I cannot pretend to be of the Innocent Chukwuma breed that fought the military junta from campus to activism with badges and relics of what that generation of activists suffered or went through in birthing democracy.
Fate had thrown me quickly into mingling with these icons faster than I would imagine. I had successfully challenged the electoral Body compelling it to conduct LG elections as against simply appointing LG Chairmen by state Governors. In a rare show of government compliance with court judgments, OBJ ordered for and released funds for local government elections.
At the next Annual General Meeting of the Transition Monitoring Group, TMG, the Chair, Festus Okoye, applauded my courage as a fresh member and immediately helped facilitate my election into the Coordinating Council (Board) of the TMG.
I was on the same board with icons like Oby Nwankwo, of blessed memory, Innocent Chukwuma, Edet Ojo etc. Thus began the journey of my relationship with Innocent, who perhaps was not aware of how he impacted on me most, the ethos, values and expectations for an Activist and Development worker.
At meetings he was the most removed from emotions, strategic and very deliberate at planning. I listened and I learnt. Hanging out occasionally with him was some classroom as he would go into stories and lessons of what it takes to make a difference and survive in a civil society world gradually losing its identity in search of dwindling funds, in efforts at a better Nigeria.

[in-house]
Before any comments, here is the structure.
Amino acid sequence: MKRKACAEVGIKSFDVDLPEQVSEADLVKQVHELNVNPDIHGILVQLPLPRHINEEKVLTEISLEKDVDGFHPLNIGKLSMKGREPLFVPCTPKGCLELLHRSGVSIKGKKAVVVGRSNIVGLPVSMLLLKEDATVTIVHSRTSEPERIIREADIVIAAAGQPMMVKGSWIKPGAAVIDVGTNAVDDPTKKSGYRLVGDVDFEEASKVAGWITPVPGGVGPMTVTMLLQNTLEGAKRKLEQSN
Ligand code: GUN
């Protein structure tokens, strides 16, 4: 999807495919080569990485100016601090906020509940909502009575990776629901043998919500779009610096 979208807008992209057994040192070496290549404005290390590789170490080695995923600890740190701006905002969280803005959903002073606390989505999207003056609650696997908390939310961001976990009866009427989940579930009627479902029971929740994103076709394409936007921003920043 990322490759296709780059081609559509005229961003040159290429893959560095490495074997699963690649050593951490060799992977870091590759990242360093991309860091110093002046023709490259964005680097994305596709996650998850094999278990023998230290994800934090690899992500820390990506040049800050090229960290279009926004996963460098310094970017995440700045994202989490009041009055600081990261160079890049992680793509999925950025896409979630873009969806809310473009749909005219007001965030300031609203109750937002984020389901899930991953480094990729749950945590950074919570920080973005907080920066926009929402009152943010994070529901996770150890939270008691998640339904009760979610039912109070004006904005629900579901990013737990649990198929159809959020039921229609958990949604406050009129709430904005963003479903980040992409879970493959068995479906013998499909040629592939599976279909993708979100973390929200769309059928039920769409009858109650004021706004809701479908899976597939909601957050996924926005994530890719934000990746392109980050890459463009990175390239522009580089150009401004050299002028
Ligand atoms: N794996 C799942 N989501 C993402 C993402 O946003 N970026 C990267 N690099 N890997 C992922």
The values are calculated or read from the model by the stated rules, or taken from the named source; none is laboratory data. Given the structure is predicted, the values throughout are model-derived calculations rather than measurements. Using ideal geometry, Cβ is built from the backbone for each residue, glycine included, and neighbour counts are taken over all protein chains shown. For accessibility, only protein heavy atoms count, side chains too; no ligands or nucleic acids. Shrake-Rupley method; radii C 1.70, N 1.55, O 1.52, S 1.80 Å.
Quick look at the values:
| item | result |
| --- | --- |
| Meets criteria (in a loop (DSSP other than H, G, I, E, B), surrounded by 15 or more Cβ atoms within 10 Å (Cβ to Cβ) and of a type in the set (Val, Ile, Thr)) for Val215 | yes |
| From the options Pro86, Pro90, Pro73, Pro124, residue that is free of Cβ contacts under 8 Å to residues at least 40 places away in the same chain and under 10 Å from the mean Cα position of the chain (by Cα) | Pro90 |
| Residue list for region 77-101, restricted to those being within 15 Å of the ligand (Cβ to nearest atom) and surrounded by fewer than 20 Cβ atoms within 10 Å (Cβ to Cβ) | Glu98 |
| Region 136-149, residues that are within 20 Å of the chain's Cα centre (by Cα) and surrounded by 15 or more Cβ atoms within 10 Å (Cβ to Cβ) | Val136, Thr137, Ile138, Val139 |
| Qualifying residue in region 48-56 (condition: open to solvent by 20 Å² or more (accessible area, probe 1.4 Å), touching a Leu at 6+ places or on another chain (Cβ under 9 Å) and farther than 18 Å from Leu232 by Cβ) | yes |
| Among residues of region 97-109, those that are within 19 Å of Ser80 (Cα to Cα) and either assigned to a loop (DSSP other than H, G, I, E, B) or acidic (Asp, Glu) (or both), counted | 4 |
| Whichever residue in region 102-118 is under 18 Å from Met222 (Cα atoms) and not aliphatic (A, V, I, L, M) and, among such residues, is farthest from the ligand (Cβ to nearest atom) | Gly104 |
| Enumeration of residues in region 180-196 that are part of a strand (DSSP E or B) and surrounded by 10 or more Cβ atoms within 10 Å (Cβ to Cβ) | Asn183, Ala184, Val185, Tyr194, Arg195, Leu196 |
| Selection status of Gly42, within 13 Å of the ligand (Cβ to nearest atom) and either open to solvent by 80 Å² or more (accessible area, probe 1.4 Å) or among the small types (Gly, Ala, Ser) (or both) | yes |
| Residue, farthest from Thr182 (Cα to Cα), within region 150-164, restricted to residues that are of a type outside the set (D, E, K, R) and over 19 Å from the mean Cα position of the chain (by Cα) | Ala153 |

I recall as the next Chair of the TMG, he refused to accept funding from international bodies if the funding was to be warehoused by international organisations in Nigeria. He politely stated that TMG will not accept funding with strings.
I got closer to Innocent just before the 2007 elections. Angela Odah, the National Coordinator of TMG at the time, was leaving just before the elections. There was a need to get a trusted hand at the TMG secretariat. Alongside other Civil Society leaders, Innocent approached me to “midwife” the TMG during the elections and then step back post elections, for a substantive National Coordinator to be appointed. I accepted.